Evolution of a cover, part 4

This is the final installment on the covers series (parts 1, 2, and 3). I never got this finished for Publishing Renaissance, so this is fresh and new.

Thank you for your continuing indulgence on the travails of designing a cover if you’re not a designer of covers. As I’ve said in the past, it took me almost a year and hundreds of hours of Photoshopping to come to the cover I did, which I affectionately call The Bewbies™. Originally, The Proviso was one book and it was enormous. Then I figured I’d probably do better to split it out into 3 parts, 1 part per romance. Then I realized there was no way to write this in three parts without making everybody crazy.

We are now at the final cycle of decisionmaking, when The Bewbies™ perked up.

So I decided to weave all three storylines back together as one big honkin’ epic. One problem: Still couldn’t figure out what to call it. I tried the following: The Miracle of Forgiveness, which is related to the church, then Variations on a Theme of Hamlet: The Rest is Silence, The Play’s the Thing, and then I got tired to trying to think of something thematically clever that encompassed each individual story arc within the greater arc.

The Proviso happened cuz I was just plain ol’ tuckered out. You get that way sometimes.

More importantly, the eponymous proviso directly impacts every choice Giselle, Sebastian, and Knox make—and has for years. By extension, the minute Bryce, Eilis, and Justice show up, the proviso sucks them in, too, and changes their lives completely.

Clever? No. Apropos? Yes.

Anyway, my cover ideas were flying fast and furious and I was changing them as fast as I thought them up. During this time, also, I was also settling a whole bunch of other details about websites, press names, printing vendors, and such, which is why there is such a disjointed look to the finer details of the covers, why some earlier covers have The Proviso on the cover and why later versions didn’t. These covers evolved in the course of about a month until I found The Bewbies™:


Hamletesque, you know, skull, overlays of blood and the to-be-or-not-to-be soliloquy. The, um, title.
















More Hamletesque, except the flames are particular to Bryce (and a little to Giselle), but the book’s not about Bryce; it’s about Knox. (Although some people disagree with me on that!) It had to go. Also, way too over-the-top melodramatic, even for me! (That’s saying something.)



Back to a church theme title overlaid on Union Station, where the last scene in the book takes place, fronting the KC skyline from that angle. But again, the phrase “miracle of forgiveness” is a Bryce theme, although I could stretch it and say it applies to everybody. [Insert rimshot here.]



And we’re back to Lilith, but again, it’s too specific to be able to stretch over the whole story, instead of the one couple it really applies to. Plus? This just sucks in about 156 different ways.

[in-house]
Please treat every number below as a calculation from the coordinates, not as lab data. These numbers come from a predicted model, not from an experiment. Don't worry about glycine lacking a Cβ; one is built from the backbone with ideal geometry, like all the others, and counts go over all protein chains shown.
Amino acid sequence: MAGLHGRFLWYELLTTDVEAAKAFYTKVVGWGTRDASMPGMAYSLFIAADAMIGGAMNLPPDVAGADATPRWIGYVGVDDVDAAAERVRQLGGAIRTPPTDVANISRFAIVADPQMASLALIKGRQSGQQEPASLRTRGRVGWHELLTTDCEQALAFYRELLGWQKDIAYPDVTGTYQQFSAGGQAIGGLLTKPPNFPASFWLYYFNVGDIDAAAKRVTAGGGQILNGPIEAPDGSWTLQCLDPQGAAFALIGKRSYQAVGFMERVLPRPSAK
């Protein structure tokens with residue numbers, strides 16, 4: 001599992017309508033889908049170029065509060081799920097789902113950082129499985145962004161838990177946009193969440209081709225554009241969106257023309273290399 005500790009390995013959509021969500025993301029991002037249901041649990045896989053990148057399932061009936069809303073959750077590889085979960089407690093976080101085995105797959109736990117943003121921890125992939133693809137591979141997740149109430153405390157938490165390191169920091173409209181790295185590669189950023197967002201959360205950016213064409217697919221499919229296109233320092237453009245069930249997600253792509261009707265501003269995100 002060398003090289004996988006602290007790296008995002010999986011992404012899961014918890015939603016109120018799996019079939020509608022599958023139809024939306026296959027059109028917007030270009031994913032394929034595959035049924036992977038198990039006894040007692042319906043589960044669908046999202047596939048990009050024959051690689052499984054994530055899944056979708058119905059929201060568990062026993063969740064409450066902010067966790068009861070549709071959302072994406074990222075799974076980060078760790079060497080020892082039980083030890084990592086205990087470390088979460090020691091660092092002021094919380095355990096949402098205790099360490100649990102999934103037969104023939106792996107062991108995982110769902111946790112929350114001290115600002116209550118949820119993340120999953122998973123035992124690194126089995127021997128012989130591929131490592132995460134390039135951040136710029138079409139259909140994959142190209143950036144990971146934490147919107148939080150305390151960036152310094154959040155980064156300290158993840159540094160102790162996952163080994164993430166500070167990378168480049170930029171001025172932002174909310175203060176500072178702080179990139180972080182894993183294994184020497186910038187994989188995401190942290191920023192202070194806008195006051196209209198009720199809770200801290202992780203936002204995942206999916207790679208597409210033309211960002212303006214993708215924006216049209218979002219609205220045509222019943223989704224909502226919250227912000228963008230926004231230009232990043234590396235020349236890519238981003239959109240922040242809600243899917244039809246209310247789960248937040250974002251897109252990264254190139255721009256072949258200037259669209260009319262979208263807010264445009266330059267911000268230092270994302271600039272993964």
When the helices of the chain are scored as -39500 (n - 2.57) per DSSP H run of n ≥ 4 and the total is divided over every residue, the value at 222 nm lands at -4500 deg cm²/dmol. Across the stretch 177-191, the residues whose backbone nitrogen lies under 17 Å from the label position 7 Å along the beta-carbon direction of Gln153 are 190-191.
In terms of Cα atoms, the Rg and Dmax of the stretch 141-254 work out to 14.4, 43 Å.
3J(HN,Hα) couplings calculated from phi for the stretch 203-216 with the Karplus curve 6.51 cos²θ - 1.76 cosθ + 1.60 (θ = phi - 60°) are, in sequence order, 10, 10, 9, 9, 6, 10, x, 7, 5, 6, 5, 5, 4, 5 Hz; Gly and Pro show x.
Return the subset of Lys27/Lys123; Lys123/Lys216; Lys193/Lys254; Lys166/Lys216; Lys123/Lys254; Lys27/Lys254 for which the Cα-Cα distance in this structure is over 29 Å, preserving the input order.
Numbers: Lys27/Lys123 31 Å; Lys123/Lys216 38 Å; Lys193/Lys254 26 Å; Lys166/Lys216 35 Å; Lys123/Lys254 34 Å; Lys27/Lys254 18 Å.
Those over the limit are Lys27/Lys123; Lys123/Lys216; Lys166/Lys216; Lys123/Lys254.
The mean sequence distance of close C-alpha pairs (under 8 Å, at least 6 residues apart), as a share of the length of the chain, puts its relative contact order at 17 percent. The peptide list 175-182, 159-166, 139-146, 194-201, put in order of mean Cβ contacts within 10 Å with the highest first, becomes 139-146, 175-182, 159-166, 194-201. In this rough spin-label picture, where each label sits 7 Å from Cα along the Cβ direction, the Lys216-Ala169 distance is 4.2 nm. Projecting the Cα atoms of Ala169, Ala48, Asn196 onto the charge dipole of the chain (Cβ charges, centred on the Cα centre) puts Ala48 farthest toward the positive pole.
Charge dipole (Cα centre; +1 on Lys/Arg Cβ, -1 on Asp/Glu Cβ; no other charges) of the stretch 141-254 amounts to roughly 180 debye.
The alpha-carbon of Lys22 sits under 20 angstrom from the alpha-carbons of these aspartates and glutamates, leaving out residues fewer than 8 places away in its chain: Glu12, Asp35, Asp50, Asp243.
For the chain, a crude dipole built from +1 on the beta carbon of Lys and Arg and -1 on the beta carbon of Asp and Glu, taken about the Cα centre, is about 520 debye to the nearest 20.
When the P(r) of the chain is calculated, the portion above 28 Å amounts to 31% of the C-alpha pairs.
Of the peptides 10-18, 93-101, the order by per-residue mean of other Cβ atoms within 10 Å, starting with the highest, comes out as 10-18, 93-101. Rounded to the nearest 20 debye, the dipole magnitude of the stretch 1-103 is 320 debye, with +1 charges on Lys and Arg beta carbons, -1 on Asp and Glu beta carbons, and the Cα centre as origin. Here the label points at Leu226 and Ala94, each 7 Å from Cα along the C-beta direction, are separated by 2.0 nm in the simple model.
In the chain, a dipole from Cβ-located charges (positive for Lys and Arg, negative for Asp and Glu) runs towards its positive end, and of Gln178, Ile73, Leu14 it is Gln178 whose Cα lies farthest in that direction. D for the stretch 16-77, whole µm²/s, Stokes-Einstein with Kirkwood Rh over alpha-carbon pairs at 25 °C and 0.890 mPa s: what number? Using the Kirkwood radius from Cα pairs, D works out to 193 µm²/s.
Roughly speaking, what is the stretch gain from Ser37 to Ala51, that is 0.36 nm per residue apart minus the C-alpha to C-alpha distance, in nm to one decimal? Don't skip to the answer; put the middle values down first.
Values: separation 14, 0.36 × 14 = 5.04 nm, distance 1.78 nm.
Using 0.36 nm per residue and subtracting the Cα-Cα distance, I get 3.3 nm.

The J.C. Nichols Memorial Fountain, which I was DESPERATE to use in some way, plus a blood-spatter overlay. Yeah, this one didn’t even get to the stage of making a JPG out of it. Until now. To show you. Concept okay. Execution, well, not.



Oh, yeah, now we’re getting somewhere. I played with this for the longest time, showed it to Dude, who said, “It’s nice.” I said, “Okay, what’s wrong with it?” “Well, I wouldn’t pick it up in the bookstore.”




So I sighed and went back to the Photoshop. No, actually, I went to iStockPhoto and resigned myself to spending DAYS and DAYS looking for something that encompassed everything I wanted to say.

Two days into iStockPhoto, right? I finally run across The Bewbies™ when it had something like 10 downloads. It was perfect on so many thematic levels, and I knew it immediately. My first thought was not, “Does that say what I want?” It was, “Do I have the balls to put that on my cover?

Yeah. I sure did.

8 thoughts on “Evolution of a cover, part 4

  • November 20, 2009 at 1:12 pm

    Well, I am not surprised you had the balls to put that on the cover. I think all of your covers are beautiful, but honestly, this last one is the best. I do like the Lilith theme cover, but from the little I know of this book (from your descriptions), I have to agree that it doesn’t fit at all. Dramatic? Yes, but it sends a different message to the potential reader about what kind of story you have. My least favorite would be the first one. Followed by the flame and skull.

    So, I like The Bewbies too. LOL

  • November 20, 2009 at 1:19 pm

    It is surely an attention grabber, and lets you know there is some serious passion going to happen.

    Two problems:

    The immediate visual take-away is that this is porn. People DO judge a book by its cover.